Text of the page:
The average lifespan of a frog is 6 to 8 years. The exact length of time depends on the species of frog.
There are more than 4,700 species of frog around the world as of 2014, with less than 100 species native to the United States. These amphibians are found in every country excluding Antarctica since they cannot live in the harsh weather conditions the continent is subject to.
The majority of frogs are born in water as tadpoles, but a few species give birth to fully developed frogs. When breeding season arrives, frogs often gather at ponds or other bodies of water, and some even return to the place where they developed. After breeding, the female lays clumps of eggs that develop into tadpoles or spawns. Almost immediately, the tadpoles or young spawns are left to fend for themselves. After approximately 12 weeks, they mature into fully developed frogs and at 3 years, they reach sexual maturity and can reproduce. However, only approximately five out of every 2,000 tadpoles or spawns reach adulthood due to predators and other natural causes.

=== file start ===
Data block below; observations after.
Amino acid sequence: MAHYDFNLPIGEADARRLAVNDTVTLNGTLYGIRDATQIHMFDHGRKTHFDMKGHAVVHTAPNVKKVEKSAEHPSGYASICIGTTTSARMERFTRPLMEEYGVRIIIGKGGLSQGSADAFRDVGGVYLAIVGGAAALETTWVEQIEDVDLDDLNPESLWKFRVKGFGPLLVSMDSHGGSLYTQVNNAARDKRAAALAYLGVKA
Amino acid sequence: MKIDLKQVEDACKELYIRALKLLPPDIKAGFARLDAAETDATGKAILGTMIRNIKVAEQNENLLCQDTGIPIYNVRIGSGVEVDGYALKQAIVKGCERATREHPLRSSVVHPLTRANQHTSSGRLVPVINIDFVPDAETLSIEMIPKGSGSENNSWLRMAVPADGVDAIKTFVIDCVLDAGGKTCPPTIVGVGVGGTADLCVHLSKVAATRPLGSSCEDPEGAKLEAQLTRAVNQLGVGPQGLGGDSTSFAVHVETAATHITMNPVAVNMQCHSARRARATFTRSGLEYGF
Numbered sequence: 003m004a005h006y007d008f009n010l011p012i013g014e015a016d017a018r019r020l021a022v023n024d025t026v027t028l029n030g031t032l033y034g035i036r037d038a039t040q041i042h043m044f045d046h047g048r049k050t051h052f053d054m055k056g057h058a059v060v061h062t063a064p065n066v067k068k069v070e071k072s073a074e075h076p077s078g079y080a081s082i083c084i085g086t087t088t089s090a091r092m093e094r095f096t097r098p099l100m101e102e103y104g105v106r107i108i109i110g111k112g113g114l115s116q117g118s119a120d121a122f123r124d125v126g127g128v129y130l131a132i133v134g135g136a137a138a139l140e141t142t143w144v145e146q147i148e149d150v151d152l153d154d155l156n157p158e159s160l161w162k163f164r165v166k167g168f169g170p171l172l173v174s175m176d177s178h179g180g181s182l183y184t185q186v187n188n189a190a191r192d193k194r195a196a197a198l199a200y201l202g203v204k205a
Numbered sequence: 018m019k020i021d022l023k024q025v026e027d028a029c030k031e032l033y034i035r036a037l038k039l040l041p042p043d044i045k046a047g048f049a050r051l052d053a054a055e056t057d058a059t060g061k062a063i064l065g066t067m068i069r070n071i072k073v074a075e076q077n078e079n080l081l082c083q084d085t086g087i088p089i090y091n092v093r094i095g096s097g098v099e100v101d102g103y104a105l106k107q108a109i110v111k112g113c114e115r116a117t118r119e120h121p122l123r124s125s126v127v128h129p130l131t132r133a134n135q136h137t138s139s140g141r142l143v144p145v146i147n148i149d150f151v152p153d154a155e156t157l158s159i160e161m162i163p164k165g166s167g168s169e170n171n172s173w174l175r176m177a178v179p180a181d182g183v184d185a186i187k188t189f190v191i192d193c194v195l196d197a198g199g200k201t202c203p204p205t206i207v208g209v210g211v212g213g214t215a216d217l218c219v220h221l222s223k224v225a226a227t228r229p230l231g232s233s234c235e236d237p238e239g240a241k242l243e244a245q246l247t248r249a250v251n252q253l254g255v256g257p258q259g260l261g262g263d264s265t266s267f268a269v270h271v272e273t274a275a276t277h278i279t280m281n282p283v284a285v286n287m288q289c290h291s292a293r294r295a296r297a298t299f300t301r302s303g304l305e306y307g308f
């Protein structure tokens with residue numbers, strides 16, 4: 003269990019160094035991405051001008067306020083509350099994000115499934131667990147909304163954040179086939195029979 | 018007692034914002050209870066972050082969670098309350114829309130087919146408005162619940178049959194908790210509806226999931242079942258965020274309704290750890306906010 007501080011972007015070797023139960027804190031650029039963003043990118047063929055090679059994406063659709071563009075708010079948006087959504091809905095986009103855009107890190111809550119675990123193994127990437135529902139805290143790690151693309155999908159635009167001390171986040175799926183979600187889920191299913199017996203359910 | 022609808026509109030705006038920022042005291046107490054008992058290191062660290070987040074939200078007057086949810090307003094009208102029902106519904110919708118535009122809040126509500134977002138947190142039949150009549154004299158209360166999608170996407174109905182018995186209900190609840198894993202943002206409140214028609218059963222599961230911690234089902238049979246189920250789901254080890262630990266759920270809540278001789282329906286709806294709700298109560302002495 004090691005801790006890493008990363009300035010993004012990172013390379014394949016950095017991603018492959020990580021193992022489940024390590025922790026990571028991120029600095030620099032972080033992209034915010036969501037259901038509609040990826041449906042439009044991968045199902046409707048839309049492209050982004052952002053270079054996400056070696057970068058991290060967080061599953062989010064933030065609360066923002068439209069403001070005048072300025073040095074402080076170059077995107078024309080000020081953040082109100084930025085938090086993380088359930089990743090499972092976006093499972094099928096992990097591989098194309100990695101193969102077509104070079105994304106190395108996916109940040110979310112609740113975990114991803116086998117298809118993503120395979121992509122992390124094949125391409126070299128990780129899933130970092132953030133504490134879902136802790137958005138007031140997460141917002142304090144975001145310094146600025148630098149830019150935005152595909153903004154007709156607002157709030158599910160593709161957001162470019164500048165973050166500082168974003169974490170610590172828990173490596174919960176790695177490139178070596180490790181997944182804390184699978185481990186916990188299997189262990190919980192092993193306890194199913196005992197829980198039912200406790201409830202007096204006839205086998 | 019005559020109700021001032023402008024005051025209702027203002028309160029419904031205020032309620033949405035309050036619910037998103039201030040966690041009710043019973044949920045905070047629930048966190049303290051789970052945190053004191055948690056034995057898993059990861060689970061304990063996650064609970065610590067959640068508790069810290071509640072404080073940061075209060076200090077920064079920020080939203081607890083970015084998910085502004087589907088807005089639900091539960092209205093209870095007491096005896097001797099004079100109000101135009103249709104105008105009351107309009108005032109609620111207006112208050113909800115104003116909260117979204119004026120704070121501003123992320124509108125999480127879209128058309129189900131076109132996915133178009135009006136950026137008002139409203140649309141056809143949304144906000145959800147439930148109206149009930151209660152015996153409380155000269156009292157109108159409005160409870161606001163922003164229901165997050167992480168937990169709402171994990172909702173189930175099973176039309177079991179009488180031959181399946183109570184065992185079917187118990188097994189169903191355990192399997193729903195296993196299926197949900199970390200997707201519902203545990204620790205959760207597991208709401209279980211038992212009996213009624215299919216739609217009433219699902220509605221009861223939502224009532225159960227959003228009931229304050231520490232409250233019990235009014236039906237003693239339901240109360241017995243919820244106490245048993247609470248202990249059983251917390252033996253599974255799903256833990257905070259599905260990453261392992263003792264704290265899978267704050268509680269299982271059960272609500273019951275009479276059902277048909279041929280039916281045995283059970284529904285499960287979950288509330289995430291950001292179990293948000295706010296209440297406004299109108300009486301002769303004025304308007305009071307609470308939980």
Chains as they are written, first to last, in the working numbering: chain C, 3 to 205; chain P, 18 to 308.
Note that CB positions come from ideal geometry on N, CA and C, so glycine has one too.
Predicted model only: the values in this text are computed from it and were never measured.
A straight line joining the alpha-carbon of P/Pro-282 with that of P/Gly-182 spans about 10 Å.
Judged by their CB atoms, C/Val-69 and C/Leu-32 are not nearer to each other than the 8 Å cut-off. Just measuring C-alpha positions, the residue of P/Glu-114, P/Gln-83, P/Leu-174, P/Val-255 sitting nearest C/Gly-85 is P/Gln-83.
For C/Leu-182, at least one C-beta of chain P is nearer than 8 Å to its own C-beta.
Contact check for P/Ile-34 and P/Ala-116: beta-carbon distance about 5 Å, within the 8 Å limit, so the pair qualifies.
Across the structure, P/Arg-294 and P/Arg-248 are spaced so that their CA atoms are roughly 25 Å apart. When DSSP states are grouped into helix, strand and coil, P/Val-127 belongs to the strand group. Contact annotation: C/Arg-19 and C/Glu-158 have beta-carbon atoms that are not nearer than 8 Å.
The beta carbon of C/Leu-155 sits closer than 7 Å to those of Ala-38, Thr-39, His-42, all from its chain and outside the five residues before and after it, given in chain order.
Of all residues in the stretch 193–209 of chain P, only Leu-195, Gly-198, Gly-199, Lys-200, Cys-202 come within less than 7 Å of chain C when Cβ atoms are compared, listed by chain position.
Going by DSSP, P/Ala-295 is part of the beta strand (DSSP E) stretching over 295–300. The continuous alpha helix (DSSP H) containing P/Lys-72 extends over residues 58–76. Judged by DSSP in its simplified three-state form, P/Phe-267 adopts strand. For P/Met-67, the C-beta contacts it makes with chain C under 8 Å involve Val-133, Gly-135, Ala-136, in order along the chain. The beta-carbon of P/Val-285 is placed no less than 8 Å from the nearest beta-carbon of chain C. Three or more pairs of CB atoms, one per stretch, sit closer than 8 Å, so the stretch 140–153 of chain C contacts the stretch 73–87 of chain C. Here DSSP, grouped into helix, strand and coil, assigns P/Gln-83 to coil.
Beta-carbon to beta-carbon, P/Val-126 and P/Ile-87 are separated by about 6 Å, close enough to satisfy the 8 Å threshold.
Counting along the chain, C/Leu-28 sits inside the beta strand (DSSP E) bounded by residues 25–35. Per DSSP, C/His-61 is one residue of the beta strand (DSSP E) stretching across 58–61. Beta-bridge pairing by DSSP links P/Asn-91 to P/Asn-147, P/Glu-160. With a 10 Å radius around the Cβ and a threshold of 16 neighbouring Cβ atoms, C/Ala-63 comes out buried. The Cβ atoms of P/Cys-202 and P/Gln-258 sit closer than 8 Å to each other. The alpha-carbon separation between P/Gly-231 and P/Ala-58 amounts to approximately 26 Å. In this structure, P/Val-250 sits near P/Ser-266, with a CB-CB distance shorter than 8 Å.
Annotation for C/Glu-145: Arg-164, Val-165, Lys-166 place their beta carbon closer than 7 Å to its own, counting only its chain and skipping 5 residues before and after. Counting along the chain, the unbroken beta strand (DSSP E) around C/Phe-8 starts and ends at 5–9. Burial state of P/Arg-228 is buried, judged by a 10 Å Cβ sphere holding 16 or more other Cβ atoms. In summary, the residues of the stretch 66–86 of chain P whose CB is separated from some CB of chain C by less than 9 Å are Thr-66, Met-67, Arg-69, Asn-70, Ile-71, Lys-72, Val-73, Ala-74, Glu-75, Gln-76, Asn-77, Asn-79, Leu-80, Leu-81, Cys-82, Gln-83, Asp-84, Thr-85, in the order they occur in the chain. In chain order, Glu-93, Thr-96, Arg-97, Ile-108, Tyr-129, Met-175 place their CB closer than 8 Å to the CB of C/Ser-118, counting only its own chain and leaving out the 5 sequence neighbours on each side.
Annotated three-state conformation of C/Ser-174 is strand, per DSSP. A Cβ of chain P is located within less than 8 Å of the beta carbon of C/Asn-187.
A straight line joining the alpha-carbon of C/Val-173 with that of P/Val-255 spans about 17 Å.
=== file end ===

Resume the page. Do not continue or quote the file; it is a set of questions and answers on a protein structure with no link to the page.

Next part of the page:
Frogs are nocturnal creatures that feed on small insects. Their diet consists of flies, grubs and earthworms.